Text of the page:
On a DUMBO stage, Kate Valkdoe-eyed and louche-lippedstares out from half a dozen monitors. In her gloved hand she clutches a microphone fitted with a plastic snake head named Mr. Viper. "There she is/ Is she there/Look and see/Is she there/Is she there/Anywhere," Valk singsongs. Mr. Viper, apparently no great fan of Gertrude Stein's prose (Valk's lines hail from Stein's 1938 play Doctor Faustus Lights the Lights), interjects, "Uh" and "OK" and "Sure" and, finally, "Enough already."
Over the Manhattan Bridge, whitefaced songbird Martyn Jacques peeks out from a toy-theater proscenium and bemoans the fate of one Augustus who wastes away because he will not eat his soup. Jacques trills, "Look at him, now the fourth day's come!/He scarcely weighs a sugar-plum;/He's like a little bit of thread./And, on the fifth day . . . he wasdead! Dead! Dead! Dead! Dead!" Jacques assaults his accordion and the audience cheers the kindertod.
Both the Wooster Group's House/Lights and Shockheaded Peter originally debuted for limited runs in 1999 and are currently enjoying original-cast revivals. If they've aged at all, the marks aren't showing. Each takes a set of non-canonical and not inherently humorous texts and manages to sculpt them into uproarious, if very macabre, performance pieces.
House/Lights results from a misalliance between Gertrude Stein's 1938 libretto and Joseph P. Mawra's 1964 film, an s/m opus about prostitutes-cum-jewel smugglers entitled Olga's House of Shame. If Doctor Faustus appears more accessible than most of Stein's work, it's still sufficiently abstruse. Lines are not apportioned to particular characters; punctuation goes AWOL. The narrativewhat little there isslinks back upon itself. Similarly, Olga's House relies less on dialogue than on crude voice-overs and tight blouses.
Director Elizabeth LeCompte assigns all of Stein's text to Valk, who dispenses with the words in a fast-paced purr. Ultimately, the Stein rhymes and the Mawra plot become ancillary to the visual and aural net LeCompte weaves around theman unusual language of set clangs, musical snatches, spasmodic choreography, film footage, live video, seesawing loading platforms, even the bleats and squawks of a 520 PowerBook.
Shockheaded Peter also uses extratextual elements to enliven its script. The Tiger Lillies, a three-man affair of accordion, double bass, percussion, and odd facial hair, provide music for this "junk opera" based on Heinrich Hoffman's 1844 cautionary children's book Struwwelpeter (literally "Slovenly Peter," further proof that the Germans have a word for everything). Narrated by a greasy-pated emcee (Julian Bleach), the piece concerns nasty children coming to nastier ends.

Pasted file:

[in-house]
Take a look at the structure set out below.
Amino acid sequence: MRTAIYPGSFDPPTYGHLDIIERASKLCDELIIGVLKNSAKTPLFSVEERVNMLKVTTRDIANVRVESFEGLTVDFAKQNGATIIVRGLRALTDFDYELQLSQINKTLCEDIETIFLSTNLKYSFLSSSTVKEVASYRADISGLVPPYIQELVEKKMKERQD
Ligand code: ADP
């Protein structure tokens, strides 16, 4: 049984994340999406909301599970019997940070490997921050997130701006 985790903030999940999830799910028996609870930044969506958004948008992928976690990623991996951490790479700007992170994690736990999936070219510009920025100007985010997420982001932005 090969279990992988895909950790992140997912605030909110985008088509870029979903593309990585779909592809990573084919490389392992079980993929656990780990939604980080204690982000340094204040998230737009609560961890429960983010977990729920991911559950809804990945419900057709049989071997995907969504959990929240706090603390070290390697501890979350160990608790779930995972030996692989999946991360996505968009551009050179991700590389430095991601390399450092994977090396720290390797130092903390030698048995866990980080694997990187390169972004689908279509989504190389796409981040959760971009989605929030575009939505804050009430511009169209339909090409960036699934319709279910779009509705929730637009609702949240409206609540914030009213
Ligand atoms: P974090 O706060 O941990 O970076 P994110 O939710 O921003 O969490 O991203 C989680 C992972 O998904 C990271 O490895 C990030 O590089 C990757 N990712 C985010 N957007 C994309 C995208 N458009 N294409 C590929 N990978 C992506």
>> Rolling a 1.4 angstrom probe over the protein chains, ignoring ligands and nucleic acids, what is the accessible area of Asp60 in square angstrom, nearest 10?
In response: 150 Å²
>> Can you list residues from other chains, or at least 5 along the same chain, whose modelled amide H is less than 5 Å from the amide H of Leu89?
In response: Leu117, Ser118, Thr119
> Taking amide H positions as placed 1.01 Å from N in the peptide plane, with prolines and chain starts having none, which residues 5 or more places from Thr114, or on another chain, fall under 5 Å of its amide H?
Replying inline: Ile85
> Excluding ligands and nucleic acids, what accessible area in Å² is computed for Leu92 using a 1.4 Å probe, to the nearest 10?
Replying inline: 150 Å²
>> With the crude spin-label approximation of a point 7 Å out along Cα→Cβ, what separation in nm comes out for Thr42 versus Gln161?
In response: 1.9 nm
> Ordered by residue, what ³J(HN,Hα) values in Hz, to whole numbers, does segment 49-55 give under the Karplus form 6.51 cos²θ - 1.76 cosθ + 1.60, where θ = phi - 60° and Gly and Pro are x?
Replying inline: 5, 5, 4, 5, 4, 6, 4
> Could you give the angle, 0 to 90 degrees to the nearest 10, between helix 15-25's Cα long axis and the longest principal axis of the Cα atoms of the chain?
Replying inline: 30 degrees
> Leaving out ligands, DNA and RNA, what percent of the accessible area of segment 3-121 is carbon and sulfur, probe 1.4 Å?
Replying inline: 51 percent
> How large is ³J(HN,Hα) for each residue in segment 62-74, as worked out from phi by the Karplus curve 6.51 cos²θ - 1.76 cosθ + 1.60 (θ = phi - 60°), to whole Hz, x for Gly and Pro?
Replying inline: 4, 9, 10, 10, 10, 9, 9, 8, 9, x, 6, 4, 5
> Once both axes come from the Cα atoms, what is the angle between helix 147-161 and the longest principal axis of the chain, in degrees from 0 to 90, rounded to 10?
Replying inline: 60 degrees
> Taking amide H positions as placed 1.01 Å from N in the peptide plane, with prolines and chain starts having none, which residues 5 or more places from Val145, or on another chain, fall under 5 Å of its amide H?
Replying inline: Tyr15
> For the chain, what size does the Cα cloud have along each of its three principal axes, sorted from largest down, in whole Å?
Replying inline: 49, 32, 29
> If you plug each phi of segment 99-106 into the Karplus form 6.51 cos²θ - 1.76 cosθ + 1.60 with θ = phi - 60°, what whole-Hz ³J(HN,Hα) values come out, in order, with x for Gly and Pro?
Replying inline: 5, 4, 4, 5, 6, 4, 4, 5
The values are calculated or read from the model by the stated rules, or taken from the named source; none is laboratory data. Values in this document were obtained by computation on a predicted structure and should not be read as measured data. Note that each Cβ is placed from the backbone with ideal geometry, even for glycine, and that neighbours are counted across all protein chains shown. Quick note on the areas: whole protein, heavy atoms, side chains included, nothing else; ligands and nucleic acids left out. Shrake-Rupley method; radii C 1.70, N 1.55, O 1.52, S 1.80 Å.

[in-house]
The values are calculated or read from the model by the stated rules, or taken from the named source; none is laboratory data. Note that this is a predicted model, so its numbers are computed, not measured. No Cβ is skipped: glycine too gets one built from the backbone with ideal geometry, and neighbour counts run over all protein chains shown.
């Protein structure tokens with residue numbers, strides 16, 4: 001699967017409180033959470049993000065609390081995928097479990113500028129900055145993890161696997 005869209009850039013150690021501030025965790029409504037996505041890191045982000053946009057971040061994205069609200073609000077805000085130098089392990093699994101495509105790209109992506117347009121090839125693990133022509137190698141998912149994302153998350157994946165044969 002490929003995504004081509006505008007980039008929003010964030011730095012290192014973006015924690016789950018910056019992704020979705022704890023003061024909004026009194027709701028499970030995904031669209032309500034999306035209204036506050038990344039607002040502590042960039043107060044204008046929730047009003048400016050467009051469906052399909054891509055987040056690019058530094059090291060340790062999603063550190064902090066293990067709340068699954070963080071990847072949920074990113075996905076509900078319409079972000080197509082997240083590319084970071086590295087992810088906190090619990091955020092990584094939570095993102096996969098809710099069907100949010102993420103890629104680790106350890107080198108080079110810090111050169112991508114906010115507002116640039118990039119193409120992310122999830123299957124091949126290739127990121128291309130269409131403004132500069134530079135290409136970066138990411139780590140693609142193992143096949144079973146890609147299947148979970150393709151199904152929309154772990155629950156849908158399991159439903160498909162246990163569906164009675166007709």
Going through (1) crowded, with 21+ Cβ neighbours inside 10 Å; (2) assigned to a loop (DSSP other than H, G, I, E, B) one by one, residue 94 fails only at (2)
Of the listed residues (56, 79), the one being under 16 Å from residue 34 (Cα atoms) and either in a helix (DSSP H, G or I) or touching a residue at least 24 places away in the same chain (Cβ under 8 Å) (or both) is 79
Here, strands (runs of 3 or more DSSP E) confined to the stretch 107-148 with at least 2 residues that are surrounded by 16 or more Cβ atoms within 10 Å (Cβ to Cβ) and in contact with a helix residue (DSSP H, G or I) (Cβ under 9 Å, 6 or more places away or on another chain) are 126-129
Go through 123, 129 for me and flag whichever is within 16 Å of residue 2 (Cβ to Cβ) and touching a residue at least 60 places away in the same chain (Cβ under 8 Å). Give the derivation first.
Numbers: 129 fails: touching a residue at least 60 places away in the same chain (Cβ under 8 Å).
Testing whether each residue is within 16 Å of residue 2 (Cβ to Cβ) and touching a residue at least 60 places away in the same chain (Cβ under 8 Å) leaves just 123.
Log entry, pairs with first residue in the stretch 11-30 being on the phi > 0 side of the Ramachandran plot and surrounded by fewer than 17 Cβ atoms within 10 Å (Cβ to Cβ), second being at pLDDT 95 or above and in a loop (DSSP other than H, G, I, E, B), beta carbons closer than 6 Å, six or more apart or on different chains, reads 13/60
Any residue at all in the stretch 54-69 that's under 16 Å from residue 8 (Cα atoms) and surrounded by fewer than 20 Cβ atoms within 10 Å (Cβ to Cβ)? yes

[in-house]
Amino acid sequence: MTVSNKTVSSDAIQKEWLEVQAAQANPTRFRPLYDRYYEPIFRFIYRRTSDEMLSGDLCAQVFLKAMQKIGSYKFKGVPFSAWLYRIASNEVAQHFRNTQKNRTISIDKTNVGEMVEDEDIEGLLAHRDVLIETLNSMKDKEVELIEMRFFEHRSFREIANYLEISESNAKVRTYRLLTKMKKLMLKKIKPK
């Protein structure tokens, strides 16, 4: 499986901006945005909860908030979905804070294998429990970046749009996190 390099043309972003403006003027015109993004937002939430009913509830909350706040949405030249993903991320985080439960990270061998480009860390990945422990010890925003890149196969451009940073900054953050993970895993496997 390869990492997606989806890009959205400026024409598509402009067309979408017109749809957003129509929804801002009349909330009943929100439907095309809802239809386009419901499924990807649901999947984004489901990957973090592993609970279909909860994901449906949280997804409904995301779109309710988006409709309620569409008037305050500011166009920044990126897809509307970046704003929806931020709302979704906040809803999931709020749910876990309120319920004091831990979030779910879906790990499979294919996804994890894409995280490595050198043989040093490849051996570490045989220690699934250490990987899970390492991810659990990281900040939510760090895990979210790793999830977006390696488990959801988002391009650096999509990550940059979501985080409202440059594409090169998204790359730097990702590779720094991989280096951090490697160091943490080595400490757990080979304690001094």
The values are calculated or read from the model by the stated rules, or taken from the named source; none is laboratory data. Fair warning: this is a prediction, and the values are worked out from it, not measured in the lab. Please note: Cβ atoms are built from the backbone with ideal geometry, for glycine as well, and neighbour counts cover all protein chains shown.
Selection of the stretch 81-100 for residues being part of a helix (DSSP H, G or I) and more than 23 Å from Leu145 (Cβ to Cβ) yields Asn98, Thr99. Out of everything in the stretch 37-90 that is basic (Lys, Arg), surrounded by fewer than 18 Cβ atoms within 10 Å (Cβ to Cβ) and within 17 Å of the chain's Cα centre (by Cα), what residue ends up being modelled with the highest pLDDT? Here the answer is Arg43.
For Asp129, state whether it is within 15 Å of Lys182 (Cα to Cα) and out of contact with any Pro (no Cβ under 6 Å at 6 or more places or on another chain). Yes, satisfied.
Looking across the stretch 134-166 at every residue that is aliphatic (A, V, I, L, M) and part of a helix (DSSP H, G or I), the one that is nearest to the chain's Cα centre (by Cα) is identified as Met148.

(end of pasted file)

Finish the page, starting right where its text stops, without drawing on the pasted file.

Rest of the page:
If House/Lights exploits up-to-the-minute machinery, Shockheaded Peter revels in its pre-technological effects. The mustaches, petticoats, and trapdoors of Victorian music halls figure prominently as do the cardboard props and puppet figures of 19th-century toy theaters. (Jacques's jaunty tunes and castrato delivery defy era.)
Though the productions don't include the traditional hallmarks of comedyrecognizable characters, amusing stories, lack of a death tollboth nevertheless succeed in wringing laughs. Never mind that House/ Lights results in the murder of a boy and a dog, not to mention a positive orgy of horsewhipping. Forget that Shockheaded Peter sings its final song amid a graveyard of kiddie-sized headstones. Both set the spectators roaring. In his 1900 essay "Laughter," Henri Bergson argues, "Comedy can only begin at the point where our neighbor's personality ceases to affect us. It begins with . . . a growing callousness to social life." We might worry ourselves sick at the implications or we might simply concur with Shockheaded Peter's sinister emcee: "Sometimes we have to be cruel to be kind. And sometimes we have to be cruel . . . well, you know . . . for recreational purposes."
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